Objective: To investigate potential transmission of Mycobacterium tuberculosis in aircraft from a crew member with tuberculosis.
Design: Retrospective cohort study and survey.
Setting: A large US airline carrier.
Participants: A total of 212 crew members and 59 passengers who were exposed to a crew member with tuberculosis during a potentially infectious period (May through October 1992). Comparison volunteer sample of 247 unexposed crew members.
Main outcome measures: Positive tuberculin skin test (TST) result or tuberculosis.
Results: Rates of positive TST results were higher among foreign-born persons in all study groups. Among US-born comparisons and contacts, rates of positive TST results did not differ between comparisons and contacts exposed from May through July (5.3% vs 5.9%, respectively). However, contacts exposed from August through October had significantly higher rates of positive TST results than did contacts exposed from May through July (30% vs 5.8%, respectively; P < .001); two had documented TST conversions between September 1992 and February 1993. The risk of infection increased with increasing hours of exposure to the index case. Four (6.7%) of 59 frequent flyers were TST-positive; all flew in October.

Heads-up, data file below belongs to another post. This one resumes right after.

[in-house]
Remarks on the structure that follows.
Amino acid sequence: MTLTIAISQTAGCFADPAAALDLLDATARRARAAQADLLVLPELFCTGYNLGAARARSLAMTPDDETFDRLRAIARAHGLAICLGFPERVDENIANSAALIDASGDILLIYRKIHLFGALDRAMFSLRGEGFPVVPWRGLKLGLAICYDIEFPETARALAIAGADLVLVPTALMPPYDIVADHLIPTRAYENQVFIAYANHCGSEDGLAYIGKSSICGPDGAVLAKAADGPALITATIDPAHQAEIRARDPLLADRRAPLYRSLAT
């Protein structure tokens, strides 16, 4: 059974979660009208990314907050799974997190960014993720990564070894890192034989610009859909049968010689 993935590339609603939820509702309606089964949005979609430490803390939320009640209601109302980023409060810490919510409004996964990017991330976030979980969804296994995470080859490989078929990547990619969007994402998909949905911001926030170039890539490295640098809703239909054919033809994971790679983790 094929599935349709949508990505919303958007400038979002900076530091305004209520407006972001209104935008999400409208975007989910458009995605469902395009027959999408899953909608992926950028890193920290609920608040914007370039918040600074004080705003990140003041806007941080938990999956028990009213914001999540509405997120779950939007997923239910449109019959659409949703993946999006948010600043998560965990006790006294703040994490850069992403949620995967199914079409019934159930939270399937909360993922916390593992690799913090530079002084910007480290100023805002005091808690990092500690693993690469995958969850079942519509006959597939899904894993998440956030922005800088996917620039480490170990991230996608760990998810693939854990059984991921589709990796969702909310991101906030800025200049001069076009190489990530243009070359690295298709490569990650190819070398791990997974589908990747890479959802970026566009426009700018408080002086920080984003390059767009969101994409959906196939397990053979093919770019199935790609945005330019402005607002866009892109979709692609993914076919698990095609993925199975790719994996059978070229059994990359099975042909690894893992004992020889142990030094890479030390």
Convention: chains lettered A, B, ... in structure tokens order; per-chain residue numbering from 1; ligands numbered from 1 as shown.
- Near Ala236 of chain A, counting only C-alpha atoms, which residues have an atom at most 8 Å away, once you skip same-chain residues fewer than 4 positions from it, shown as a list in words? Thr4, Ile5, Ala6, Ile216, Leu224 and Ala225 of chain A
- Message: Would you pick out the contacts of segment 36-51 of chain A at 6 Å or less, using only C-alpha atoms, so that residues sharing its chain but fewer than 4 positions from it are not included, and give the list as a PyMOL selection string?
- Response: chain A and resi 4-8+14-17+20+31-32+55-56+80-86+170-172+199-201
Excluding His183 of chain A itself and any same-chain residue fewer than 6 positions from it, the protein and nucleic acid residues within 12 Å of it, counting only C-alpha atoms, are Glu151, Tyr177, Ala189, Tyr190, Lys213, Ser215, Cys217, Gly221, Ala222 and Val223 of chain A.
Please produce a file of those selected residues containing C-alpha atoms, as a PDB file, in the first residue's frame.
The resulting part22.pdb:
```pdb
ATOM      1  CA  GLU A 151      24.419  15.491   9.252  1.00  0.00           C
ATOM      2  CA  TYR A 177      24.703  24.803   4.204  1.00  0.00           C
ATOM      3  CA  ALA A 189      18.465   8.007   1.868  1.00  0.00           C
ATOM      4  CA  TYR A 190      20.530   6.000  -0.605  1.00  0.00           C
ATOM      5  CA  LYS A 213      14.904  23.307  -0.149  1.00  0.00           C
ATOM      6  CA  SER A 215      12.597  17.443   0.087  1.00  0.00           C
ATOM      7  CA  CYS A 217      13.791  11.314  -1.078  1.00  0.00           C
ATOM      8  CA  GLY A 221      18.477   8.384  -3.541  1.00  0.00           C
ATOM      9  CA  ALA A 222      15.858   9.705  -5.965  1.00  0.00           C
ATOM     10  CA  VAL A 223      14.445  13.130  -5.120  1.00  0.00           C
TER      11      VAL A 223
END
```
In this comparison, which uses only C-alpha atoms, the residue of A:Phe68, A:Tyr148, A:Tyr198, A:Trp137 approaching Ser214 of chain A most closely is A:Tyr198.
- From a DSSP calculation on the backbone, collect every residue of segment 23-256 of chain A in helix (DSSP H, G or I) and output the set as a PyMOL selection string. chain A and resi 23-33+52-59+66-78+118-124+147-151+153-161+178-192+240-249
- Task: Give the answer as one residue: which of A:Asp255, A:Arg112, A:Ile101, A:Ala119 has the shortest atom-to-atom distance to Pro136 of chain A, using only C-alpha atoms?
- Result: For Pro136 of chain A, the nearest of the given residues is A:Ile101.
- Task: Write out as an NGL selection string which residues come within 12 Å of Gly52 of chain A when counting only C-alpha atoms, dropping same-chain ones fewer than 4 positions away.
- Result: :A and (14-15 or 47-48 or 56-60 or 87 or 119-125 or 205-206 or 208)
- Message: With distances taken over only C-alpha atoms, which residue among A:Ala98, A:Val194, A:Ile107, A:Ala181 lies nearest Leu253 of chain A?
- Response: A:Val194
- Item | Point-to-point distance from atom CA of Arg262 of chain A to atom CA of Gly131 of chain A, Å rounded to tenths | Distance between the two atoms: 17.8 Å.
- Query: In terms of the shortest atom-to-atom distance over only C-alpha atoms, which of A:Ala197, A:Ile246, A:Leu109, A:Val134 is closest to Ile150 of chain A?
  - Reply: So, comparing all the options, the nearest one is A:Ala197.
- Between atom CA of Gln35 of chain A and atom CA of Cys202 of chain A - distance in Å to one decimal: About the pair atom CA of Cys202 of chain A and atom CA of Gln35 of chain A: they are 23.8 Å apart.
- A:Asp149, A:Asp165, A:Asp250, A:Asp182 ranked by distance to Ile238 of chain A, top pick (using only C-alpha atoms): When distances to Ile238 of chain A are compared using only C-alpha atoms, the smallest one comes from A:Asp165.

Conclusions: Data support the conclusion that M tuberculosis was transmitted from an infectious crew member to other crew members on an aircraft. Because of the clustering of TST-positive frequent flyers in October when the index patient was most infectious, transmission of M tuberculosis to passengers cannot be excluded.